Messi stays, and everybody loses

As hostage videos go, the Goal exclusive interview with Lionel Messi in which the Argentine superstar announces that he is staying at FC Barcelona, is pretty bleak.

At the end of a ridiculous saga in which ill-informed people blundered about and vile men holding a legal whip hand stood their ground to gain a Pyrrhic victory, nobody is happy. And that should, honestly, include us supporters.

“This sucks, they lied to me, I have been suffering all last season, but I’m staying because it would be too crappy for me to try to force my way out,” is no way to have a club legend announce that he’s staying. It’s bleak, and unspeakably sad to contemplate. When this all began, the view of some of us was that the club should do whatever is necessary to allow a club legend and the best player in history to be happy. The logic of that contention should never be more clear than it is right now.

People chimed in with, “Why let him leave for free and strengthen a rival,” blabla. Because it was the right thing to do was clear then, and it’s even clearer now. Who in good conscience can keep Messi after that interview? The anti-Bartomeu contingent, which will never be more massive than after the bombshells that Messi dropped, are crowing about the damage that he did to the president of FC Barcelona. For me, it isn’t about that. It’s just sad that it has all come to this. He will leave on a free next June, after a bleak, joyless season under a lame duck board.

When we watched him shambling about the pitch during matches, and speculated that he didn’t look happy, how much did we not realize?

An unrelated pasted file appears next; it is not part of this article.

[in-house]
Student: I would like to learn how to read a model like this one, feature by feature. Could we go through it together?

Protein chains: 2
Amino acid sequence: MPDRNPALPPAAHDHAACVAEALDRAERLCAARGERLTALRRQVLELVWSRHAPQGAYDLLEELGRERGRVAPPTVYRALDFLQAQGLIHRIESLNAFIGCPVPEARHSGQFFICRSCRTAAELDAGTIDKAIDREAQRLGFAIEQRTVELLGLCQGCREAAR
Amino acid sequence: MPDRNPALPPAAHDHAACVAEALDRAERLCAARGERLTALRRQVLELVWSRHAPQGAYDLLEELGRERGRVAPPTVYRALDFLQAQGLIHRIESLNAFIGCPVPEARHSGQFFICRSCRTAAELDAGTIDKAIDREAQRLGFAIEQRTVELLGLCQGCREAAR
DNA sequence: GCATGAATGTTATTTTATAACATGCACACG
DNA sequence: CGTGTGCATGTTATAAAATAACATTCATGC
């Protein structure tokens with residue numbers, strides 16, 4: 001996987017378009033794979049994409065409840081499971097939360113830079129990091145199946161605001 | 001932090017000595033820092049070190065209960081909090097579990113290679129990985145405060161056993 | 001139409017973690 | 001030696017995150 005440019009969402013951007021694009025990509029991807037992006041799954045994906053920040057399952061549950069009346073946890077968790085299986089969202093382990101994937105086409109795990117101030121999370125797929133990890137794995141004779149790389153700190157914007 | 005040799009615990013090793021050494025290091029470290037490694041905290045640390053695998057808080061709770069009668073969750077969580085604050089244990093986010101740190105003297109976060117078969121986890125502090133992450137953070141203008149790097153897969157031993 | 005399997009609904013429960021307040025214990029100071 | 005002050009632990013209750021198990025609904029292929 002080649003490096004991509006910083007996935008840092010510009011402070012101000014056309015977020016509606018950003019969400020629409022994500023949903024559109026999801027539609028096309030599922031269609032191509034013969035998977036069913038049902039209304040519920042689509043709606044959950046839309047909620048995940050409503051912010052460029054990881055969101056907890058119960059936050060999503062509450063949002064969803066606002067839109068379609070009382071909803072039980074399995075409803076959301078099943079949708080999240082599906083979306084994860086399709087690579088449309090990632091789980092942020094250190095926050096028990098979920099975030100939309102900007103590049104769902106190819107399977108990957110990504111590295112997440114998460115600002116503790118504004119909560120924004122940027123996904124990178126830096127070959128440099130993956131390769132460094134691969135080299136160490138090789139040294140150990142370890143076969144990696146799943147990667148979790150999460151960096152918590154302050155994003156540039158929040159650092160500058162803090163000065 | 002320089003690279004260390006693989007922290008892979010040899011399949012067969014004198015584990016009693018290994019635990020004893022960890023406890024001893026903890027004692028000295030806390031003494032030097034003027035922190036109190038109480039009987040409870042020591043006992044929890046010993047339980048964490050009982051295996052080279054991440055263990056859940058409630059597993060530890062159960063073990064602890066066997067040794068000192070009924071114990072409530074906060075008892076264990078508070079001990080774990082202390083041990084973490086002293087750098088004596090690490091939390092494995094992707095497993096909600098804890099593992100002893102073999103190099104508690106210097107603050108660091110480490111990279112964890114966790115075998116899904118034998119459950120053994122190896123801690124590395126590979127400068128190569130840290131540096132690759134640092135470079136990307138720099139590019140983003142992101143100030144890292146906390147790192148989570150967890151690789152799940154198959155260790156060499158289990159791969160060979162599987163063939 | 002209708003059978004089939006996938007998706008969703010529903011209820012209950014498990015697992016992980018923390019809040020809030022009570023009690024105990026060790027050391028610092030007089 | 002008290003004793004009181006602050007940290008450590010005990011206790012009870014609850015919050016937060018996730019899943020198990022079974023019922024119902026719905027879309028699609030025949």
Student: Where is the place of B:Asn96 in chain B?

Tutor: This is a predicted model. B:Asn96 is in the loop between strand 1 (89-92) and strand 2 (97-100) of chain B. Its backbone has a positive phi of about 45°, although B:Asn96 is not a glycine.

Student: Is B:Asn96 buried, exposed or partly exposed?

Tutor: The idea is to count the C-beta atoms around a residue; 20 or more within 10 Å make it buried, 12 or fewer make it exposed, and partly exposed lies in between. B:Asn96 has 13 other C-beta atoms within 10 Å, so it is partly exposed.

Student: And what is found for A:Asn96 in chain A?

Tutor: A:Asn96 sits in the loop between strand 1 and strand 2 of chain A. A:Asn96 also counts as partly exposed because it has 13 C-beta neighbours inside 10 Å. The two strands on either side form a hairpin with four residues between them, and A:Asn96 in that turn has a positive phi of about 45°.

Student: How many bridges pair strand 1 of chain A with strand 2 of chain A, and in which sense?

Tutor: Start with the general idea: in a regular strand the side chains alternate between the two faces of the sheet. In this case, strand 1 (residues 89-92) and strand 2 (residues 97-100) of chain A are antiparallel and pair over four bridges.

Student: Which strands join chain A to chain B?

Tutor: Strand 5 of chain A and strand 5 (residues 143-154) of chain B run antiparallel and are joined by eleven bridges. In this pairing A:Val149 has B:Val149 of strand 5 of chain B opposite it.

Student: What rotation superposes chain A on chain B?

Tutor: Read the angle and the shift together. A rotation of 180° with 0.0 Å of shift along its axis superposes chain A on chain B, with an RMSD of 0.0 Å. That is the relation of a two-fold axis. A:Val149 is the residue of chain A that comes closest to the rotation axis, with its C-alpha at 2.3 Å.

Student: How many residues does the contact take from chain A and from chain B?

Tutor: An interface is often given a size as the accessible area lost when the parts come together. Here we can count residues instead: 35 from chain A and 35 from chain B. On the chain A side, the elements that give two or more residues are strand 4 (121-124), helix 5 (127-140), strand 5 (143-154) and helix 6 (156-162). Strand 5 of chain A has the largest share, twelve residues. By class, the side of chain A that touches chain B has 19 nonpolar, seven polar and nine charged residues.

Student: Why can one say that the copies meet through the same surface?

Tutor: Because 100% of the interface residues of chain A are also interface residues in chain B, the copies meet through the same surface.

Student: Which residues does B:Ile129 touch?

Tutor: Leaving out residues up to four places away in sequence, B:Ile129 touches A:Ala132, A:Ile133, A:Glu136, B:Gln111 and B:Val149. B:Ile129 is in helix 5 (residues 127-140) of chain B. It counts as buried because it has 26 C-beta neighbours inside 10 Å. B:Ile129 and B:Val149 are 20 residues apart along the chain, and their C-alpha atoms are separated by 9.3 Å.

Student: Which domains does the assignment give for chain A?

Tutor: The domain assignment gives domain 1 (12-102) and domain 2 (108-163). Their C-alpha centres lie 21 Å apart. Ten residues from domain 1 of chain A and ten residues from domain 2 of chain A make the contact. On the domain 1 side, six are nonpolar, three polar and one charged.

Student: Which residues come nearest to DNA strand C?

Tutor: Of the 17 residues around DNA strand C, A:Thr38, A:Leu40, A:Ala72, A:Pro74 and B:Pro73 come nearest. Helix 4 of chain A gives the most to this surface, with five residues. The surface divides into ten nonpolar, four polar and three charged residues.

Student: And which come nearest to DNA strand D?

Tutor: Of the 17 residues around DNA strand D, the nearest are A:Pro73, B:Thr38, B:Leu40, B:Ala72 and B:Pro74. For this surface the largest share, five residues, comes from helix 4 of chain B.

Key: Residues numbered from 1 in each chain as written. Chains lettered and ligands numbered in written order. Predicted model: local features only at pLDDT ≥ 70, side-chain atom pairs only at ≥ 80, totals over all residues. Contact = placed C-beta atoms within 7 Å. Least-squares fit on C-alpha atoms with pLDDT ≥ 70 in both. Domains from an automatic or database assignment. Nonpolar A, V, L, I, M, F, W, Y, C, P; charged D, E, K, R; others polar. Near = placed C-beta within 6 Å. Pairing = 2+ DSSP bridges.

“The president always said that at the end of the season I could decide if I wanted to go or if I wanted to stay and in the end he did not end up keeping his word”.

Messi was unstinting in his criticism of the current president and board, about a sporting project that is going nowhere and just patching holes, about wanting to compete for all the prizes and them not being committed to a project that allowed that. Messi has spoken out about the board in the past in more oblique terms. This was the direct attack of an angry man, charging at those who did him wrong like he charges at opposing defenses. And at the end of it all, everything was clear amid the smouldering ruin of what was once a great relationship between a club and the player who it made, and who made it.

I hate it here, but I am staying because I can’t legally leave.

“I would never take the club of my life to court. That’s why I’m staying. All year I’ve been telling the club and the president that I want to go out and I thought it was time now.”

Nobody should want that.

People are rejoicing because Messi is staying. They shouldn’t be. No. We owe him more than that. Bartomeu was shady, which is no surprise. What is a surprise is that he didn’t resign immediately after watching that video interview, because how can you look in the mirror and decide to ride it out, to continue in the presidency that even the best player in the history of the game says you’re terrible at? Sure, you make the club money, and the books will be worked into something that will, at the end of this mandate, allow the board to escape without being persoanlly culpable for any losses. “The club showed a profit of one Euro. Yay for us!”

But presidents don’t just serve at the will of the electorate. There is, or there should be, a moral imperative that governs that mandate as well. It isn’t only doctors who pledge to do no harm. Presidents do as well, no matter how tacitly that is implied. My view of the abysmal abilities of this board and its president at managing humans is no secret. That it would do what the club’s talisman alleges is a nadir. It also violates everything moral about how a president is supposed to run a club. Comport yourself with honor, even as the past of these people is smeared with dishonor. At the end of it all, treat the best among us with the respect, dignity and honesty that he deserves.